Jeff says he was honored to be part of the Journey of Hope because many Pi Kappa Phi members apply each year, but only 70 are accepted.

Greek Life at Oregon State University

OSU Pi Kappa Phi chapter information

Journey of Hope website

Hung-Yok Ip is exploring the relevance of Buddhism to the modern and postmodern world.

Hung-Yok Ip teaches history at OSU
Hung-Yok Ip teaches history at OSU

Buddhism is based on the teachings of Siddhartha Gautama, a prince of the Sakya tribe of Nepal, who lived about 2,500 years ago.

At the age of 29, he left home to seek the meaning of the suffering he saw around him. After six years he achieved enlightenment and became the Buddha. He then wandered northeastern India for 45 years teaching the path of mental and moral self-purification.

How do the teachings of Buddhism fit into today’s world? Are they still relevant?

That’s the focus of research by Hung-Yok Ip, associate professor of history at OSU and a fellow at the university’s Center for the Humanities. Ip, who was raised in Hong Kong, came to the United States at the age of 24 to attend graduate school at the University of California-Davis. She has been at OSU since 1994.

In her research on Su Manshu, a monk who also was a revolutionary and writer during the late 19th and early 20th centuries, she focused on how Buddhism was integrated into an important dimension of Chinese modernity—the formation of the individual.

“By comparing Su Manshu with his contemporaries as well as writers who were active in the 1920s and 1930s, I expand on how Buddhism helped the individual in his or her pursuit of individuality,” she says. “But more important, I shall concentrate on how Buddhism is relevant to one fundamental problem of modernity—the problem that freedom does not guarantee gratification and happiness.”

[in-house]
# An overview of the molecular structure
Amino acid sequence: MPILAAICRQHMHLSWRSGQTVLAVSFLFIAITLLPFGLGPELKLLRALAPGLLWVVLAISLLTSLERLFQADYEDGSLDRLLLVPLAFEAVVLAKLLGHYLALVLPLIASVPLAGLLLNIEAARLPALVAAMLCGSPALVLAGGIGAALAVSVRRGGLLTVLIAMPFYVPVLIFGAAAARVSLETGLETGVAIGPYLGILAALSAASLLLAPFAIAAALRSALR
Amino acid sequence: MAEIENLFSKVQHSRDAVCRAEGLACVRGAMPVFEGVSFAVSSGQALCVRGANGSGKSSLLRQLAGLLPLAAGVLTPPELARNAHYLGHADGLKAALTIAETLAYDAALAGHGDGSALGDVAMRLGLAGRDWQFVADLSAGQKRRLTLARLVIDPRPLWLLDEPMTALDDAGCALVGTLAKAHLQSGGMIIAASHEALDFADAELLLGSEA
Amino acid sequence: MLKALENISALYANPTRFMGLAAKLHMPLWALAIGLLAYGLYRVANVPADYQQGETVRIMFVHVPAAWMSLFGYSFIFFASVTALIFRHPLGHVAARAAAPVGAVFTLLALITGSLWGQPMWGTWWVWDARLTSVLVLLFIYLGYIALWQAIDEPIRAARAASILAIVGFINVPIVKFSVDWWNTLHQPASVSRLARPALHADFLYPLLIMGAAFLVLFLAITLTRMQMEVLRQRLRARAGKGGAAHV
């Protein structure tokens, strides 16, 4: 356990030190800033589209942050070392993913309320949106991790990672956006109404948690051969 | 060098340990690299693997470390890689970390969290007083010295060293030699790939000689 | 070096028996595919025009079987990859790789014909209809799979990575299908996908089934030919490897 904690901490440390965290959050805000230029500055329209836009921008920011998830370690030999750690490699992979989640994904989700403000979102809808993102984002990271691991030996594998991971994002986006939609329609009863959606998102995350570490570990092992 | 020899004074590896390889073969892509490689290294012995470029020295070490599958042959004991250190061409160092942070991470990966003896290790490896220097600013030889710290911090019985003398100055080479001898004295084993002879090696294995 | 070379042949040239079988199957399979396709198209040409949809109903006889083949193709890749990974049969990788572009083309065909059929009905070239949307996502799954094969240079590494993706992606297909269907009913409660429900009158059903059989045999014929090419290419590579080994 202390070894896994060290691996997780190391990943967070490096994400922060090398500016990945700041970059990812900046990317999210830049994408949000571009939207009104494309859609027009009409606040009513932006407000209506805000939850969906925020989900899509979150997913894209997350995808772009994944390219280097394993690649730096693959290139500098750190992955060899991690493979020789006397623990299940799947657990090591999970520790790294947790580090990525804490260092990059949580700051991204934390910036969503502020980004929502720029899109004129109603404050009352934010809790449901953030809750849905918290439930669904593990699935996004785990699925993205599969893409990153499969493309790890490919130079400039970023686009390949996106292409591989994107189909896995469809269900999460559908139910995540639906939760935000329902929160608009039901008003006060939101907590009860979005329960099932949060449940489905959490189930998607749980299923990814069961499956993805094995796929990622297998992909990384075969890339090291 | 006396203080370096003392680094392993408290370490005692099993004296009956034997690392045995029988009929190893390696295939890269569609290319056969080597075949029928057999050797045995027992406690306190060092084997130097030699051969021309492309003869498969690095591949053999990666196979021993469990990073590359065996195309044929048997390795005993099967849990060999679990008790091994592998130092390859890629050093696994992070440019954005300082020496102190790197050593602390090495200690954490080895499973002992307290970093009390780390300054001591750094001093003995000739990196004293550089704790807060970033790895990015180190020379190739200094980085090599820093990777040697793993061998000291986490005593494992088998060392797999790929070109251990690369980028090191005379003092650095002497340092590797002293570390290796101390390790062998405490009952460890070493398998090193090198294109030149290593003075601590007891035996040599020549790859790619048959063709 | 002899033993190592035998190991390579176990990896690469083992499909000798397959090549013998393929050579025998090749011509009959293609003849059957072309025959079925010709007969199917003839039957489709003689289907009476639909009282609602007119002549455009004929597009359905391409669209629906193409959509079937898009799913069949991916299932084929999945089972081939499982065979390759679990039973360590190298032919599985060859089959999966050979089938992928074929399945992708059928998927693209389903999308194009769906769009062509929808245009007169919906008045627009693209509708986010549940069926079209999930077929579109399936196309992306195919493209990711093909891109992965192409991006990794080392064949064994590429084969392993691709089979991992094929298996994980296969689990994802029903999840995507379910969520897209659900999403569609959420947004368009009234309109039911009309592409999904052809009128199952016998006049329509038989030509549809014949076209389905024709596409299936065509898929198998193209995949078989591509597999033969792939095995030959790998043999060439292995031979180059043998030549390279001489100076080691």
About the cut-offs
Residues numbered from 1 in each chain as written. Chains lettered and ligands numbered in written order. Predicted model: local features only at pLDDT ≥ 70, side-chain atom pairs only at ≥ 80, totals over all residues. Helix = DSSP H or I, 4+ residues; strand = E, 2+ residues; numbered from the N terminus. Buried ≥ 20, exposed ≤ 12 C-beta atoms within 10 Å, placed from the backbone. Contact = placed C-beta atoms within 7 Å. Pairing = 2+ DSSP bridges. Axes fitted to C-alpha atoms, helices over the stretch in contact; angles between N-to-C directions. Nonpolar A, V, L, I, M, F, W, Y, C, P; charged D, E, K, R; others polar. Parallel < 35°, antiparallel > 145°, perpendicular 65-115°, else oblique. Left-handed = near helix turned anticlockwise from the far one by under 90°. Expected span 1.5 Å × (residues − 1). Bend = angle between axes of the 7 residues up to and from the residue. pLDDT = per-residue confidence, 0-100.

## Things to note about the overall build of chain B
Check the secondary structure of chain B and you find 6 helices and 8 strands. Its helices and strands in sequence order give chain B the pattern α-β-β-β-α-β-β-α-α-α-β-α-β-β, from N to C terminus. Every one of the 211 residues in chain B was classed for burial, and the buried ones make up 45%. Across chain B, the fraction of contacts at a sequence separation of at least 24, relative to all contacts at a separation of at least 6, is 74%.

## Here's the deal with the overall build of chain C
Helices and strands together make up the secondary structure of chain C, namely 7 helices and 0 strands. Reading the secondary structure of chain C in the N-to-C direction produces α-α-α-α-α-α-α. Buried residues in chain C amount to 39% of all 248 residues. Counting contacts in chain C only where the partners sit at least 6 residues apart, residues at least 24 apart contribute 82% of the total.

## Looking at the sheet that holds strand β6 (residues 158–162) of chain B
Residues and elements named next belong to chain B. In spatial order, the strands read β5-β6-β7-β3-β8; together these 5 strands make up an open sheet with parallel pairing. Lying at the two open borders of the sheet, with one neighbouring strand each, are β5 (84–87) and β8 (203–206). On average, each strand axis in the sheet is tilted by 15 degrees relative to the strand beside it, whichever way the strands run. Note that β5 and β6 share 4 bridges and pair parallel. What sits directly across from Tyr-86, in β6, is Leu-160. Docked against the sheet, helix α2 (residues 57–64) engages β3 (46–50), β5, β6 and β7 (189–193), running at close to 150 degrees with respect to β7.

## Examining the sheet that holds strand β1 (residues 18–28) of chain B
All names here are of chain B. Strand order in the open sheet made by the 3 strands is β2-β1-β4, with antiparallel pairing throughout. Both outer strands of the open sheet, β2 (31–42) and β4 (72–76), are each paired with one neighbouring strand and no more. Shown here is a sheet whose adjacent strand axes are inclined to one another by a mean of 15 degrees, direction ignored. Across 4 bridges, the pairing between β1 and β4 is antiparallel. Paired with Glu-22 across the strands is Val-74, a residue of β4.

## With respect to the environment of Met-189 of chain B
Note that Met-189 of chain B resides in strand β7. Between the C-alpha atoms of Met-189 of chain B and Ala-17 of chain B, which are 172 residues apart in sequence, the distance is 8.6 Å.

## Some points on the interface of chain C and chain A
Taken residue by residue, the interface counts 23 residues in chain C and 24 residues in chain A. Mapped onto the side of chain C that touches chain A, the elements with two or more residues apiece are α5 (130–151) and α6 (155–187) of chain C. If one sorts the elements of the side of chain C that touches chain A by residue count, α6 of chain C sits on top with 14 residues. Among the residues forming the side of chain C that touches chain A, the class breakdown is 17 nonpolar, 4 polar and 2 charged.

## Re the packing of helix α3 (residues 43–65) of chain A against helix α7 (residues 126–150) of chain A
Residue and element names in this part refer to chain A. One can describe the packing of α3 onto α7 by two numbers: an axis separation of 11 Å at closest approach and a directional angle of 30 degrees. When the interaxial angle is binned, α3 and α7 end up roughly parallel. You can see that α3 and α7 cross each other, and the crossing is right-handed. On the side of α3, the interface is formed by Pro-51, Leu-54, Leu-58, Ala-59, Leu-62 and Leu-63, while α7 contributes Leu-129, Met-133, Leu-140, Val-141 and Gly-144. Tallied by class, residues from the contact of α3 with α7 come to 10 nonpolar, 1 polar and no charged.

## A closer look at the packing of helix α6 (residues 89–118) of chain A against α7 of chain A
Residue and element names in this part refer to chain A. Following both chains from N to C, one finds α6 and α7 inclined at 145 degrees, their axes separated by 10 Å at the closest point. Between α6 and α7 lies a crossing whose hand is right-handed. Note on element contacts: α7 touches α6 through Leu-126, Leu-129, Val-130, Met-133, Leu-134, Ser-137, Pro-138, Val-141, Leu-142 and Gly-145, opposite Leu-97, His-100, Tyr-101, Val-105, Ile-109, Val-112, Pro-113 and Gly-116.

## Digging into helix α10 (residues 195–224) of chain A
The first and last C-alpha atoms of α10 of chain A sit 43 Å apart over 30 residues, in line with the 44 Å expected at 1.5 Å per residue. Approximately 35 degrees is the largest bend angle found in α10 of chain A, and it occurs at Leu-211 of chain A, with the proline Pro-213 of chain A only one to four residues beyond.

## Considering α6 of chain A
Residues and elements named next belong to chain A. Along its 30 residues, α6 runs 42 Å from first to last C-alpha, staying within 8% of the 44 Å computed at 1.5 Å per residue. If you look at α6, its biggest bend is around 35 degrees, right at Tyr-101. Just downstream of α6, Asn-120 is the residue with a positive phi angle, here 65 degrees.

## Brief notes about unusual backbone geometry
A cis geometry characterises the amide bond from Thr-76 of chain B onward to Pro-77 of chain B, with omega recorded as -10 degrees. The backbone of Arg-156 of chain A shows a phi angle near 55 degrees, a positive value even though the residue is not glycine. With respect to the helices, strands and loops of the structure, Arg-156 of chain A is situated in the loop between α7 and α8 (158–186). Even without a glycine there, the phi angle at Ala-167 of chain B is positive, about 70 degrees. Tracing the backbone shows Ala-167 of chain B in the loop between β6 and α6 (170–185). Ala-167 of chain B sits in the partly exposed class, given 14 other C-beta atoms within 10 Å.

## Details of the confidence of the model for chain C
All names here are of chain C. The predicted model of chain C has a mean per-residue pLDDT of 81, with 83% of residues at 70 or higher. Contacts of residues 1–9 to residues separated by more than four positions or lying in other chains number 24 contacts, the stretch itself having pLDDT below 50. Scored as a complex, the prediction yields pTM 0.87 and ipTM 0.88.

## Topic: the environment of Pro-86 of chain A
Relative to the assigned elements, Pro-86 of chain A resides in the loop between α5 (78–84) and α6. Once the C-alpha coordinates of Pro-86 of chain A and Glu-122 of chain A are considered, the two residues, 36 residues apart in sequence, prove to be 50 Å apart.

Ip also is involved in a book-length research project on Engaged Buddhism in the contemporary world.

“I once again explore how Buddhism is relevant to the modern world—in this case to problems caused by capitalism in the age of transnational capital. I intend to argue that Buddhism represents a new mode of social activism vis-is the injustice created by capitalism,” she says. “To some extent, I compare Engaged Buddhism to secularist and Christian approaches to resistance.”

Center for Humanities newsletter article on Ip’s research

Ip’s faculty home page

Tory Hagen’s research suggests it may be possible to slow-and perhaps even reverse-the aging process.

Hagen in his lab
Hagen in his lab

Tory Hagen’s lab in OSU’s Linus Pauling Institute features rats that seem to be in the prime of life. They are active, full of energy, and have good memories.

The amazing thing is that these rats are quite old–in the time of their lifespan when most rats are sedentary, slow, and rather senile.

What makes these rats different from others is that Hagen, associate professor of biochemistry and biophysics at Oregon State, is feeding them two dietary compounds, carnitine and lipoic acid, that can mask metabolic problems caused by cellular aging.

“What we are trying to do is understand how these micronutrients work in the body,” Hagen says. “We need to understand both the proper effective dosage and whether they are completely safe.”

So far, the tests have been short-term studies, Hagen says, so it’s unknown whether the benefits can be preserved over the long term.

“Before going on to human clinical trials, we feel compelled to understand the ramifications of supplementation, including any potential safety problems with the use of these supplements,” he says. “Therefore, I cannot recommend that people use them until this information is available.”

“This research is exploring the fundamental process of aging, and we may in fact find ways to slow down that process and even reverse some of the effects of it,” says Balz Frei, professor and director of the Linus Pauling Institute. “But what we learn about aging is also directly relevant to the chronic diseases that kill most people around the world, such as heart disease and cancer.”

Tory Hagen’s Linus Pauling Institute page

Tory Hagen’s gene research center page

LPI newsletter interview

Aerin Holman combines her apparel design major and her love for the theater–with outstanding results.

Holman in her element
Holman in her element

When it comes to theater, Aerin Holman has done it all.

The apparel design major from the tiny Willamette Valley town of Monroe, Oregon, has been involved with OSU’s University Theatre throughout her college career.

“She has acted in a variety of shows and has played major roles,” says Marion Rossi, faculty member in the Theatre. “She also has designed costumes, stage managed, done set design, and even worked in the costume shop.”